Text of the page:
The risk companies face now is that as they no longer need a post room, who would with all the postal strikes and the convenience of email, they are hard pressed to find entry points for street smart kids who could go on, like Martin Sullivan the CEO of AIG, to run the company.

Fear not though, just go round to your local coffee bar and chat to the staff who have come from all over the world to work in the City. Some of them have impressive qualifications, most of them have tremendous motivation. The HR departments should take note.

Thursday, 11 October 2007

In Japan after 90, they forget how to die.

Statistics are not all lies, but they need a healthy degree of scepticism, especially when they are projected forward 40 years or so. However every risk manager should take a look at the following UN website if they want to understand the trends that are likely with the ageing of the global population and to tease out the risks.

There is the astonishing fact that, due to the one child policy, the Chinese have 29 million more boys than girls under the age of 24. Then there is the projection that from having 600 million people over 60 in 2000, we will have 1,2 billion in 2025 and 2 billion in 2050, by which time , they estimate, there will be more people over 60 than under 14 on the planet for the first time ever. How will the taxpayers be able to afford all those senior citizen's travel passes, let alone find a car park space for the able bodied?

Of course some of these projections can be way out, but the trend to an older population is clear. In Japan where they have the greatest percentage of people older than 90 of any society in the world and still expect longevity to increase, they celebrate their centenarians' enthusiasm for life every week on what I cannot claim is a riveting TV show.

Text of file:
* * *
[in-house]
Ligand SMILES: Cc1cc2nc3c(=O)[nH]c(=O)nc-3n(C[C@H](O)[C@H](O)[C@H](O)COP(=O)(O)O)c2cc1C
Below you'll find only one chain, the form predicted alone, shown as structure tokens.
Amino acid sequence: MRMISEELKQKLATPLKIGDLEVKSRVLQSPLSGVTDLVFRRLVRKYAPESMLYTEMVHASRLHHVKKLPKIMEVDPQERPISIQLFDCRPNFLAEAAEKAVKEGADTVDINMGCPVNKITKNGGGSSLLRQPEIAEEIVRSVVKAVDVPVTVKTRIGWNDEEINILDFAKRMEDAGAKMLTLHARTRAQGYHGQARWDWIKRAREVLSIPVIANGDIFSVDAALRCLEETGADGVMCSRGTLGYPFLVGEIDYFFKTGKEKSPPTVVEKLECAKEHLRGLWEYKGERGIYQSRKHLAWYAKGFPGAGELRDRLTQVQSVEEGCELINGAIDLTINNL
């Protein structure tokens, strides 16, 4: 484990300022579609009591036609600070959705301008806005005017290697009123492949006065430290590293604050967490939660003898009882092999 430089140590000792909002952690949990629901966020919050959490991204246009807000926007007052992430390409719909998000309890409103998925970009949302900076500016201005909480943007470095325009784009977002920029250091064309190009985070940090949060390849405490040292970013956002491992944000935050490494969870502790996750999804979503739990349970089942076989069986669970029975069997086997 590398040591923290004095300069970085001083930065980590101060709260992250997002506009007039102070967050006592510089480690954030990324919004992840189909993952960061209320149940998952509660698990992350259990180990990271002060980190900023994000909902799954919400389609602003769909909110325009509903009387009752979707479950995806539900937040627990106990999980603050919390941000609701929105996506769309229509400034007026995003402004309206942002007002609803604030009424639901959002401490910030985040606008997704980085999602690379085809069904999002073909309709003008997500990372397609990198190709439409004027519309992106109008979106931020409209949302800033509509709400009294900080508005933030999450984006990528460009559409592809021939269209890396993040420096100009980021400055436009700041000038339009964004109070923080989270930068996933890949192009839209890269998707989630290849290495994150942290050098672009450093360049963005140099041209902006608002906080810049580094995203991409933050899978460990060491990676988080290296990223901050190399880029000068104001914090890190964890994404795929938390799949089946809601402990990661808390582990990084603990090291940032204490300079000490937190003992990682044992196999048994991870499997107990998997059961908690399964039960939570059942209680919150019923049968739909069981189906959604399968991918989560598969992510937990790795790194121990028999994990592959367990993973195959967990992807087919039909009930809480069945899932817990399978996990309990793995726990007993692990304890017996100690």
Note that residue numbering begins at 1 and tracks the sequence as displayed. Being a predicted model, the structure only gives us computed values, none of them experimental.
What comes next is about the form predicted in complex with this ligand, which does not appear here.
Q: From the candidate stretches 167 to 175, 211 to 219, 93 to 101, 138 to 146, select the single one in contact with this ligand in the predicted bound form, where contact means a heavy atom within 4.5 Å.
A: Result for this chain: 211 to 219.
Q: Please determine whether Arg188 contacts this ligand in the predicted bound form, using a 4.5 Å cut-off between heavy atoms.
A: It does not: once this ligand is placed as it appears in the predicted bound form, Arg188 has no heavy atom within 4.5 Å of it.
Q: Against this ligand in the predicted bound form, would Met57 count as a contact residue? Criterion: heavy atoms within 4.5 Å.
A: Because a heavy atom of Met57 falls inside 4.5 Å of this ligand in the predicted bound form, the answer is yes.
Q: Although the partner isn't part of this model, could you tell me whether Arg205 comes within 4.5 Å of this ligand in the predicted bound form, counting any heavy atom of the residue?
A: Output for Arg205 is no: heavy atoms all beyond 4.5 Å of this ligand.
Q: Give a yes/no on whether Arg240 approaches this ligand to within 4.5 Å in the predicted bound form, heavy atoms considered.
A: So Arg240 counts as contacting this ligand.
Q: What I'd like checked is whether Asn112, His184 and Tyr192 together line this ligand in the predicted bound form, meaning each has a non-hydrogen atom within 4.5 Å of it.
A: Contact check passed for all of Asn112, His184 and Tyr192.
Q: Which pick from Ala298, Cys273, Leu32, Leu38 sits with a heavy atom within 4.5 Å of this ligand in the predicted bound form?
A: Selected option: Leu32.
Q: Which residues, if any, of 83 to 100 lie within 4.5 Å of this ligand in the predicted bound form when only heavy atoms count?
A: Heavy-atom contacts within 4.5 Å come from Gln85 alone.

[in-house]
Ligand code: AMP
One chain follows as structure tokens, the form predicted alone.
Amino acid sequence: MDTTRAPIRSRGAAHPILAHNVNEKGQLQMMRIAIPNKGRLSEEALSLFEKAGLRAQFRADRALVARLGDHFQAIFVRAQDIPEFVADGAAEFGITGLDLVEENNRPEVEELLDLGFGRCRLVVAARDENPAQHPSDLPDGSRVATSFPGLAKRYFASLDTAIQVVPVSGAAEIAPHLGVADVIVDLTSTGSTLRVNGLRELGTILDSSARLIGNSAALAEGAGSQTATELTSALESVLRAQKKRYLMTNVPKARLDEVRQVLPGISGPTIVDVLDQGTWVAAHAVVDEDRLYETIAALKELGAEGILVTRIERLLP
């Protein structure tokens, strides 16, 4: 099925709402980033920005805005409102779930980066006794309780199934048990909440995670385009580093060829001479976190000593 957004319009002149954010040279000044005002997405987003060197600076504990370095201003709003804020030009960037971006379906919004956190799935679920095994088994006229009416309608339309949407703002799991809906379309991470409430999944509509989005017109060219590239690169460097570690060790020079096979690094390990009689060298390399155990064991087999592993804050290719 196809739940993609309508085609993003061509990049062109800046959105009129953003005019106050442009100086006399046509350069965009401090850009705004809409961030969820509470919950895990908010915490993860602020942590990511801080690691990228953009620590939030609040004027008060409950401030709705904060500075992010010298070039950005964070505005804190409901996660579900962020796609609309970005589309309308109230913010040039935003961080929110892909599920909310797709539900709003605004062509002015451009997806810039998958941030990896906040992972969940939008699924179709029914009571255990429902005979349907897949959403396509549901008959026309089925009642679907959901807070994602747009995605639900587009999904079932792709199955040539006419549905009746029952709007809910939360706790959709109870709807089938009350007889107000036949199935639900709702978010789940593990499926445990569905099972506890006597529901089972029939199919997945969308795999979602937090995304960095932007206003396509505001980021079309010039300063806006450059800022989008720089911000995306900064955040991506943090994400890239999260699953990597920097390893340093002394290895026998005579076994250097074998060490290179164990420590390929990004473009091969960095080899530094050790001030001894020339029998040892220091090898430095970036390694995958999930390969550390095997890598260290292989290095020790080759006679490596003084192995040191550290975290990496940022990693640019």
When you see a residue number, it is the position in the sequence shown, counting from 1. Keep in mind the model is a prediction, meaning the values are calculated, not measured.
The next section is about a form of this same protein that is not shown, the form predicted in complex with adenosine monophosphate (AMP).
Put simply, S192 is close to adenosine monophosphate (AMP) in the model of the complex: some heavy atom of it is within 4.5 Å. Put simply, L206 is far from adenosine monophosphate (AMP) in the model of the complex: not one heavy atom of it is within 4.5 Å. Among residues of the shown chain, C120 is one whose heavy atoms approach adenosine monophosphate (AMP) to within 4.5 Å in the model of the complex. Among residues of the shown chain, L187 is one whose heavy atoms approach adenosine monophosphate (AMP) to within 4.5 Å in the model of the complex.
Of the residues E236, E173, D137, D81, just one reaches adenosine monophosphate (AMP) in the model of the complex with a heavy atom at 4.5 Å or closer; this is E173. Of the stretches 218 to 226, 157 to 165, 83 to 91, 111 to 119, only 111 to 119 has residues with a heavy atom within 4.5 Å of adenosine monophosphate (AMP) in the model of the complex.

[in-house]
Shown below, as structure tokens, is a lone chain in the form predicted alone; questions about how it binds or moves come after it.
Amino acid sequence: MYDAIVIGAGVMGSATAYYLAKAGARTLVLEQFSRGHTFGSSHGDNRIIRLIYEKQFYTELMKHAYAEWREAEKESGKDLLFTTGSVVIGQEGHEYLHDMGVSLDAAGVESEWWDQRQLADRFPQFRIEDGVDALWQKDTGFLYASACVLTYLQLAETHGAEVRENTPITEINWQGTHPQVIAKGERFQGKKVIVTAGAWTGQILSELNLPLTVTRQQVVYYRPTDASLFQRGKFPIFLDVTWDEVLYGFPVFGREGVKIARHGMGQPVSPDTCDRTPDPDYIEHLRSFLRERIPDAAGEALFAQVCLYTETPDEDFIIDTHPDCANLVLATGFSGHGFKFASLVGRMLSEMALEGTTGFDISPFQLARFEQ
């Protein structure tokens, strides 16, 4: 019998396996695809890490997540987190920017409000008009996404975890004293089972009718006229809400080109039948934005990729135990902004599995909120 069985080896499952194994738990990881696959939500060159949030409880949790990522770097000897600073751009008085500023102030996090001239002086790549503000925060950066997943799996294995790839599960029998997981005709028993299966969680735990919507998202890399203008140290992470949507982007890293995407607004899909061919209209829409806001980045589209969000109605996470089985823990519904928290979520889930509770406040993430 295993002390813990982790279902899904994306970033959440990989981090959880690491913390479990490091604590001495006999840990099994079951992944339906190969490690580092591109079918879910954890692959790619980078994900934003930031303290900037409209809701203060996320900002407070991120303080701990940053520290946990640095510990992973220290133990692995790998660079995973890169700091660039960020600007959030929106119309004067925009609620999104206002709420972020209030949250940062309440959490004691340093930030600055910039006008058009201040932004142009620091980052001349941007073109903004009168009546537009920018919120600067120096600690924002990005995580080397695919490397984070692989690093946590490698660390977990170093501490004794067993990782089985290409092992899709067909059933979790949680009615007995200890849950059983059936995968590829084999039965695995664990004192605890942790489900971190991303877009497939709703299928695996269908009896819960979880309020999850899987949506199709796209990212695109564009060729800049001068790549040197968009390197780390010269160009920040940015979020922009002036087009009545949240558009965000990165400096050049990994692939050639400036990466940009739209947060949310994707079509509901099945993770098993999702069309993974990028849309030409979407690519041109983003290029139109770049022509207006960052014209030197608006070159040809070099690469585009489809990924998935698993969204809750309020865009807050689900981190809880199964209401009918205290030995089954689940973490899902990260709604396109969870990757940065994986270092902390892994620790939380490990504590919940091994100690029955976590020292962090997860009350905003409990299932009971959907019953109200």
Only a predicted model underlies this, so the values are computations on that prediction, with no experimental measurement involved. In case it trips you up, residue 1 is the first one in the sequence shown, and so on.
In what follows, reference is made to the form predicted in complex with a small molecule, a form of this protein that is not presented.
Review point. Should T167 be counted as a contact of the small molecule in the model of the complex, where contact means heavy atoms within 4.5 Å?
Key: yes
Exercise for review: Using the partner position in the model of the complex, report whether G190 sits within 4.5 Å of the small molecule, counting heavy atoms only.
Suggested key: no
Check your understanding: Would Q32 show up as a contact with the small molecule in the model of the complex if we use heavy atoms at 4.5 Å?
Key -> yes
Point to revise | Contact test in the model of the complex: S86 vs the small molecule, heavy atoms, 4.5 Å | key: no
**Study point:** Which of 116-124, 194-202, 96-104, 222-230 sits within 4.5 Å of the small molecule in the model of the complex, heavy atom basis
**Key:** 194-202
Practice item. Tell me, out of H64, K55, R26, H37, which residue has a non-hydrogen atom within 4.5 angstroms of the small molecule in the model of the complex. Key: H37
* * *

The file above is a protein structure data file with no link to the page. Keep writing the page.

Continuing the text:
Have a look at the data from the UN it will raise a lot of questions, including how accurate some of it is.

Wednesday, 10 October 2007

No plan survives contact with the enemy

To illustrate risk management issues and their importance to good decisions you need good stories. Gordon Brown has provided us recently with a very clear example of the dangers of not thinking through the consequences by allowing his staff to talk up the possibility of a general election.

The two mistakes he made were to consider only the upside of what was being suggested - that it would damage the Tories, and set the scene for a successful early election - and he forgot von Moltke's maxim "no plan survives contact with the enemy."

In Brown's case his actions united the Tories, flushed out some of their most attractive policies regarding inheritance tax which turned the marginal seats in their favour, and made David Cameron a winner when he had been on a very bad losing streak. It was one of the most spectacular own goals in recent British political life.

Thursday, 4 October 2007

The largest industry in the global economy

The global Insurance Industry takes in $3.7 trillion in premiums a year and has $17 trillion of assets under management. This makes it , according to the United Nations, the largest industry in the global economy. The UN sees the industry's core competence as risk management. So now you know why you deserve to be so important.

Wednesday, 26 September 2007

Raising standards at no cost

Standards are useful, but when they cost money then many, who would benefit from understanding them and using them, just don't bother.

If you have business in China you might like to know that just a few days ago we arranged for the Chinese Risk Management Standard which was in the more traditional script used in Hong Kong and Taiwan to be translated into simplified Chinese which is more easily accessible to those who live in mainland China. This translation was carried out in less than 2 days by the staff of Ximco Corporation in Shanghai and we are very grateful for their efforts.